My friend Sarah is back to share her recent trail running adventure with us! Thus far, she has completed six ultra-marathons! Her dedication and drive is an inspiration to me. She encouraged me to get out there to do my first ultra in 2016. And that was life changing for me–you really can do anything you put your mind to.
Sarah blogged with us a few years ago sharing her stories about the Rock the Ridge 50 in New York (you can read those adventures here from 2013 and 2014). Today she highlights the beautiful state of Virginia. Enjoy her story and may you be inspired to chase your dreams too!
Guest Blogger: Sarah Topping
Saturday, March 24, 2018, I found myself at the start line of a race and all I could think was “this is a really bad idea.” What did I do when faced with the belief I was going to fail spectacularly at the Terrapin Mountain half marathon? I ran it anyway. And I had the time of my life.
It was very apparent from my first steps that I did not know anything about this race when I registered for it. I couldn’t pull up the map on my phone, and it was blocked at work, so I figured I would just give it a shot. I consider that a good thing now. If I had known more about it I never would have tried it and I would have missed a wonderful, awful, painful, long, beautiful day in the woods of southwestern Virginia.
There is a 50K that runs at the same time as the half marathon. Runners have nine hours to finish, so the half also has that time limit. Turns out that was a very good thing for me.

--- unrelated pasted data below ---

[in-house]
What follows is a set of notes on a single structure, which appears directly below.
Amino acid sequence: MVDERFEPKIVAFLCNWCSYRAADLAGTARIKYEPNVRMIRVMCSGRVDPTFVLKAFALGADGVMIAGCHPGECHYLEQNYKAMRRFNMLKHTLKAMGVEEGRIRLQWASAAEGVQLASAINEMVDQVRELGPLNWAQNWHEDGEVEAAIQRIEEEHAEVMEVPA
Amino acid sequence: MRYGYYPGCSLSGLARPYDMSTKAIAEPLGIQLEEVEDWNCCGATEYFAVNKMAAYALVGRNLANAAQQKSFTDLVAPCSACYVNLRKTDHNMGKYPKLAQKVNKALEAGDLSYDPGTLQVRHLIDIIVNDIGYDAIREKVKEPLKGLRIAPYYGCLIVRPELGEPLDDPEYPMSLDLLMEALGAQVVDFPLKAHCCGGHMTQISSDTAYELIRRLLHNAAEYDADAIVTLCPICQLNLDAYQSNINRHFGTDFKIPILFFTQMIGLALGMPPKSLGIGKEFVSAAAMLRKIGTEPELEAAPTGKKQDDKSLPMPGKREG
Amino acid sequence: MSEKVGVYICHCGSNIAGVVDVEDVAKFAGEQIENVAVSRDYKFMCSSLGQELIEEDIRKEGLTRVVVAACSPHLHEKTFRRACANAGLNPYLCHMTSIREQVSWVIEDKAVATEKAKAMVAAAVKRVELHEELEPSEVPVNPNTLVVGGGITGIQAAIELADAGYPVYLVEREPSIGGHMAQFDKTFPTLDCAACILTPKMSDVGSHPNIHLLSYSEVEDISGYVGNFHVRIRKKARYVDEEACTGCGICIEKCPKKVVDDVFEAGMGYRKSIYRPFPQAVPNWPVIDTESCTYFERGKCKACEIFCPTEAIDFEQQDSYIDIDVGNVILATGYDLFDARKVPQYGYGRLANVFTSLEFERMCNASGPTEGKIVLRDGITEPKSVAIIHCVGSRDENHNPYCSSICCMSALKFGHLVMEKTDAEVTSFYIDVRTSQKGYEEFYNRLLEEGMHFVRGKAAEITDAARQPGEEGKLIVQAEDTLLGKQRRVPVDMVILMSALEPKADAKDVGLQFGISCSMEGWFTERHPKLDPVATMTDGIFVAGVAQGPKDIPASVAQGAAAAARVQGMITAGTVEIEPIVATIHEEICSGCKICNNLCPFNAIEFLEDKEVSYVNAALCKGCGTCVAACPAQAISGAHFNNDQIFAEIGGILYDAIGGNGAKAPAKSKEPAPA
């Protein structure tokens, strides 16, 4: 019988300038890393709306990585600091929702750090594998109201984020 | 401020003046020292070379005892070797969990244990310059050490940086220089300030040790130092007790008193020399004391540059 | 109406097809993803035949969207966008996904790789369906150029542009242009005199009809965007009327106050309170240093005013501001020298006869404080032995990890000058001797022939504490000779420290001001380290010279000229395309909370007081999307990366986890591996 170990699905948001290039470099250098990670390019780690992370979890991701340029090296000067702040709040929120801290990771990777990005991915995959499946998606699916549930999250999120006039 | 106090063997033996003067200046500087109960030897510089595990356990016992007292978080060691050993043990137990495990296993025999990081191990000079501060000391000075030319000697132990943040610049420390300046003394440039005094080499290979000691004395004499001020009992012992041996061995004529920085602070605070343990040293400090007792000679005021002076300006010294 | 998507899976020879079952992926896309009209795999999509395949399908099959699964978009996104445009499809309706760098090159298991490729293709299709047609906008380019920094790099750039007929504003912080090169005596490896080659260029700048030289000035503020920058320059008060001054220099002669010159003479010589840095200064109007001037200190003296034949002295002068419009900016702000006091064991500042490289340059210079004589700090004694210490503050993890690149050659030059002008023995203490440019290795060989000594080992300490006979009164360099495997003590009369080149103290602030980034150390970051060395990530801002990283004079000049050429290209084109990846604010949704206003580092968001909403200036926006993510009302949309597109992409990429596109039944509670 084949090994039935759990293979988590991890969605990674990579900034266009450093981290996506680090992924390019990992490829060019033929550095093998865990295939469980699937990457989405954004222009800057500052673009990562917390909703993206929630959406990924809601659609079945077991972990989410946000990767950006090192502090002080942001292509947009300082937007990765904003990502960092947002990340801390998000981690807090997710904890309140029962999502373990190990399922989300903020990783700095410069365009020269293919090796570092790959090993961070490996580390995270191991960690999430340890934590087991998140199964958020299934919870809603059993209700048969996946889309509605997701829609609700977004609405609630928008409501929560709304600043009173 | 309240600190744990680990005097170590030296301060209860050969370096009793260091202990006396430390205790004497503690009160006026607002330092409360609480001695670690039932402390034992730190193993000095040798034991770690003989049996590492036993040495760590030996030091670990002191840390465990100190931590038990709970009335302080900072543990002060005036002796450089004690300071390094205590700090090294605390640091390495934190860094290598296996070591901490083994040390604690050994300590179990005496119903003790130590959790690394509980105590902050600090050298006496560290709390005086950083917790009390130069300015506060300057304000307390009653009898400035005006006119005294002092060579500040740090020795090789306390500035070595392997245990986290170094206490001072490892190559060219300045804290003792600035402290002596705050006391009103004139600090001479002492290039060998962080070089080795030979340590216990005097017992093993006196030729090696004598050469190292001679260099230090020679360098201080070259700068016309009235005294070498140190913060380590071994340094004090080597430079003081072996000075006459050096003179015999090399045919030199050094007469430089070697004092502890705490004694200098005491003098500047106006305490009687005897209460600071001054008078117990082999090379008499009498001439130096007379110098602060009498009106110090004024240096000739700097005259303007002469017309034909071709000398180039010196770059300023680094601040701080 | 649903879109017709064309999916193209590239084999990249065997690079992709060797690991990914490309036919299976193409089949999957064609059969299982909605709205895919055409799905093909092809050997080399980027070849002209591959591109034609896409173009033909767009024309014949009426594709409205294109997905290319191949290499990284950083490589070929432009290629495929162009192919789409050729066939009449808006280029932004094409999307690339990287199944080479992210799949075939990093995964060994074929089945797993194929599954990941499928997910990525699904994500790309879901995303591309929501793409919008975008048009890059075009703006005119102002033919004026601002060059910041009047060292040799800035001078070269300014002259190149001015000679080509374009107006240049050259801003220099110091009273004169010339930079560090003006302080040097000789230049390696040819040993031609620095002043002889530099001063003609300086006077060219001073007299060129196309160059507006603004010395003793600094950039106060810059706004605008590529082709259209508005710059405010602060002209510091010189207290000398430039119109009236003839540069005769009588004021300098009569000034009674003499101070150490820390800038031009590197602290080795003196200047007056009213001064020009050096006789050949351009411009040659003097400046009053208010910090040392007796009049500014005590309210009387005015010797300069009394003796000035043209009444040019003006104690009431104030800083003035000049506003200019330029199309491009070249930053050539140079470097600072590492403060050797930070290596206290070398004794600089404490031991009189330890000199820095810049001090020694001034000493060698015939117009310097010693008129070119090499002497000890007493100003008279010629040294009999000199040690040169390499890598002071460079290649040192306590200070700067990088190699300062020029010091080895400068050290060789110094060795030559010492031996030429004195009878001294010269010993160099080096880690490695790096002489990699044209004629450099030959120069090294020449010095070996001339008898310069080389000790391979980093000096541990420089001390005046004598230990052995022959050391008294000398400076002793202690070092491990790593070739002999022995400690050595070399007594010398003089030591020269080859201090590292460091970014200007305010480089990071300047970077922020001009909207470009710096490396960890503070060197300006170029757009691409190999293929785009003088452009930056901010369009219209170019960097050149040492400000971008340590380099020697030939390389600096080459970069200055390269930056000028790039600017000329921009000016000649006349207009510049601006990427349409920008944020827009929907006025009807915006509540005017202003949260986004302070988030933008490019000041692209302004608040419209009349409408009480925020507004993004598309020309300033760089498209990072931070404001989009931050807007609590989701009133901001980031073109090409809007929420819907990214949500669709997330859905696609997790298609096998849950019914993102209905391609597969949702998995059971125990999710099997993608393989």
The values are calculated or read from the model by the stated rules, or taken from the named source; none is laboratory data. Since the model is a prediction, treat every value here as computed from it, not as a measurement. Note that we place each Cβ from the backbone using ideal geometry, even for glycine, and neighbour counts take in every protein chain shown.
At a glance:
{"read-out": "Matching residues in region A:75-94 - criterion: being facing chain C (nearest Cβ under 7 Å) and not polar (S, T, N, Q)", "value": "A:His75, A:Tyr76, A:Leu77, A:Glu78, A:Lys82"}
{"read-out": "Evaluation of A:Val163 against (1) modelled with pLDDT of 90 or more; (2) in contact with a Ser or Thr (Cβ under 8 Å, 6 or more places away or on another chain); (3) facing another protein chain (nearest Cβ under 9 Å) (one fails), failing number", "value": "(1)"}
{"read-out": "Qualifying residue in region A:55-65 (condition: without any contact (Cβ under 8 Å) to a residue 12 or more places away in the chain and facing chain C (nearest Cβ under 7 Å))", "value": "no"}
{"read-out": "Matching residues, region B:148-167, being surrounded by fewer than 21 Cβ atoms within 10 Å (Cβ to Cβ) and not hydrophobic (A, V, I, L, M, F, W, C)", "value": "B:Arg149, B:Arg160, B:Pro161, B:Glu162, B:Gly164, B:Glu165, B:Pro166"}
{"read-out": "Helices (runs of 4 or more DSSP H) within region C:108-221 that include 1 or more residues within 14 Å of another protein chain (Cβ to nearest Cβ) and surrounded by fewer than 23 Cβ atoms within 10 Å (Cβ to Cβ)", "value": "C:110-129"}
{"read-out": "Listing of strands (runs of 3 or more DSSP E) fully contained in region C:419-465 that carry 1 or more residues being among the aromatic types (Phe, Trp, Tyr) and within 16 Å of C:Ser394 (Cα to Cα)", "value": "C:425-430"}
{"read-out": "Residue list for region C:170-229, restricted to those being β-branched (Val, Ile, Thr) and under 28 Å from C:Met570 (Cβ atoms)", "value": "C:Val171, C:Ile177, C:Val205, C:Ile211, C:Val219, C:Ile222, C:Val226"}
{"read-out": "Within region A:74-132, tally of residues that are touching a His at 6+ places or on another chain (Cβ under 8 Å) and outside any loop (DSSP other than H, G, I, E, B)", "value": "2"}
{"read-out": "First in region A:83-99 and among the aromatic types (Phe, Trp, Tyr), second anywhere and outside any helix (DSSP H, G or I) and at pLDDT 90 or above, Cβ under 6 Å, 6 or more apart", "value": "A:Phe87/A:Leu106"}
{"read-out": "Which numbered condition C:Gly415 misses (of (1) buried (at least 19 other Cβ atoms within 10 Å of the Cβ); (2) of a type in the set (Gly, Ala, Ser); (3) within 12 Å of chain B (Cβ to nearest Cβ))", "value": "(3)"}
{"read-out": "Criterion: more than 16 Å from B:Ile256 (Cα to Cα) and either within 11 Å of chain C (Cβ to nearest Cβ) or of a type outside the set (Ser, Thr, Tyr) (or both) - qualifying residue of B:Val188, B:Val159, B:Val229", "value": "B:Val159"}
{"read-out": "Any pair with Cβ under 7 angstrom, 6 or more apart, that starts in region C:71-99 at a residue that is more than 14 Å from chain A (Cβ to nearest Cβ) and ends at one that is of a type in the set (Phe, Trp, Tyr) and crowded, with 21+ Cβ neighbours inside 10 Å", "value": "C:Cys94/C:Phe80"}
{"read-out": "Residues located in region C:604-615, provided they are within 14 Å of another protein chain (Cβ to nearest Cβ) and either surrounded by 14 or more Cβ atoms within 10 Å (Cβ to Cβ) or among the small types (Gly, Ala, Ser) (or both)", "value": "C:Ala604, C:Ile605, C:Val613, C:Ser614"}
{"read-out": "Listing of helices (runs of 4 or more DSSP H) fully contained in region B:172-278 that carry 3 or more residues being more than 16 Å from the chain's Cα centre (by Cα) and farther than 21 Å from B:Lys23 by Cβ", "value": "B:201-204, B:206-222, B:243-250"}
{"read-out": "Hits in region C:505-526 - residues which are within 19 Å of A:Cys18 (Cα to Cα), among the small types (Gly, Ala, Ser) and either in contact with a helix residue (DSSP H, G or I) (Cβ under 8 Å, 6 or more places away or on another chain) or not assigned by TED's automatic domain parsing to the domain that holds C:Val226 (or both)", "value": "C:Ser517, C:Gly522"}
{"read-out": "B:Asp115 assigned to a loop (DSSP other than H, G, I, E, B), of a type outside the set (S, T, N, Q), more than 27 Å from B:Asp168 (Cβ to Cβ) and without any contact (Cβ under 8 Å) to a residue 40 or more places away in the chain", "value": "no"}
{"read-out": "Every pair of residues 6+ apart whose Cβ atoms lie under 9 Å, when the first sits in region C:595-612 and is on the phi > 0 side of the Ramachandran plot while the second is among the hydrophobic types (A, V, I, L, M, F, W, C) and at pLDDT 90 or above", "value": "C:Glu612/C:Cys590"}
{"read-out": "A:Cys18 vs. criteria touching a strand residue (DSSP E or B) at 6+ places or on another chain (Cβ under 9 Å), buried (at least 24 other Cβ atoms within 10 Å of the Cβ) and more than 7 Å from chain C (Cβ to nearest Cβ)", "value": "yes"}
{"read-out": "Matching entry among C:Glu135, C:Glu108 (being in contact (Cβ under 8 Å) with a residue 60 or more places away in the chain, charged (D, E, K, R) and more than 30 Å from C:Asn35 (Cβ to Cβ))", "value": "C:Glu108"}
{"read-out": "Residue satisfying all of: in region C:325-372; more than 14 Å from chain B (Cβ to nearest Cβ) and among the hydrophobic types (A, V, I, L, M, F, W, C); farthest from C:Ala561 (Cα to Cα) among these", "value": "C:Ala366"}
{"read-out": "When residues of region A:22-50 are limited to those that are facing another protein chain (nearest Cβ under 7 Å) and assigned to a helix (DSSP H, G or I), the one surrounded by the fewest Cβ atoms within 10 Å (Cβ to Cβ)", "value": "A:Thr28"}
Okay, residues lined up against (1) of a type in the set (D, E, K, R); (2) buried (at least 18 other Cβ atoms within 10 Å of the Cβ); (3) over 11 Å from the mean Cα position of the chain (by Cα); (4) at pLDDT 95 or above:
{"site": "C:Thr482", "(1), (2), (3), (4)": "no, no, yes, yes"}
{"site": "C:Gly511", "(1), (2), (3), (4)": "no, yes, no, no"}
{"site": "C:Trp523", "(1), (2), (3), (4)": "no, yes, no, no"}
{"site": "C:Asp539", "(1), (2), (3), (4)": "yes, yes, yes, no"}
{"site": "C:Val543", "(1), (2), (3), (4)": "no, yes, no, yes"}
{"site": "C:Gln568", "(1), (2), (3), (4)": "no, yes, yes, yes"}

The night before, I slept in my car in a field on a farm near the start/finish. I dearly love my Rogue but I have to say, it isn’t that much fun to sleep in. I could have pitched a tent in said field, but I was afraid I would not want to pack everything up after the run. So I did that part right!
I woke to a cold and clear morning and the mountains were calling me. At the sound of the gong (seriously!) we were off. The race starts on roads near the Sedalia Center in Big Island, Virginia. Very quickly I was plodding along by myself, the pack having already made their way up the mountain. The roads turn into trail and suddenly I was where I love to be – the middle of nowhere in the woods.
This part of the race goes pretty much uphill for the first 4.1 miles. So up I went. I walked a bit with another woman but she soon pulled ahead. Between the cold and the altitude, I was having a lot of trouble breathing. I used my inhaler more than ever before during this race.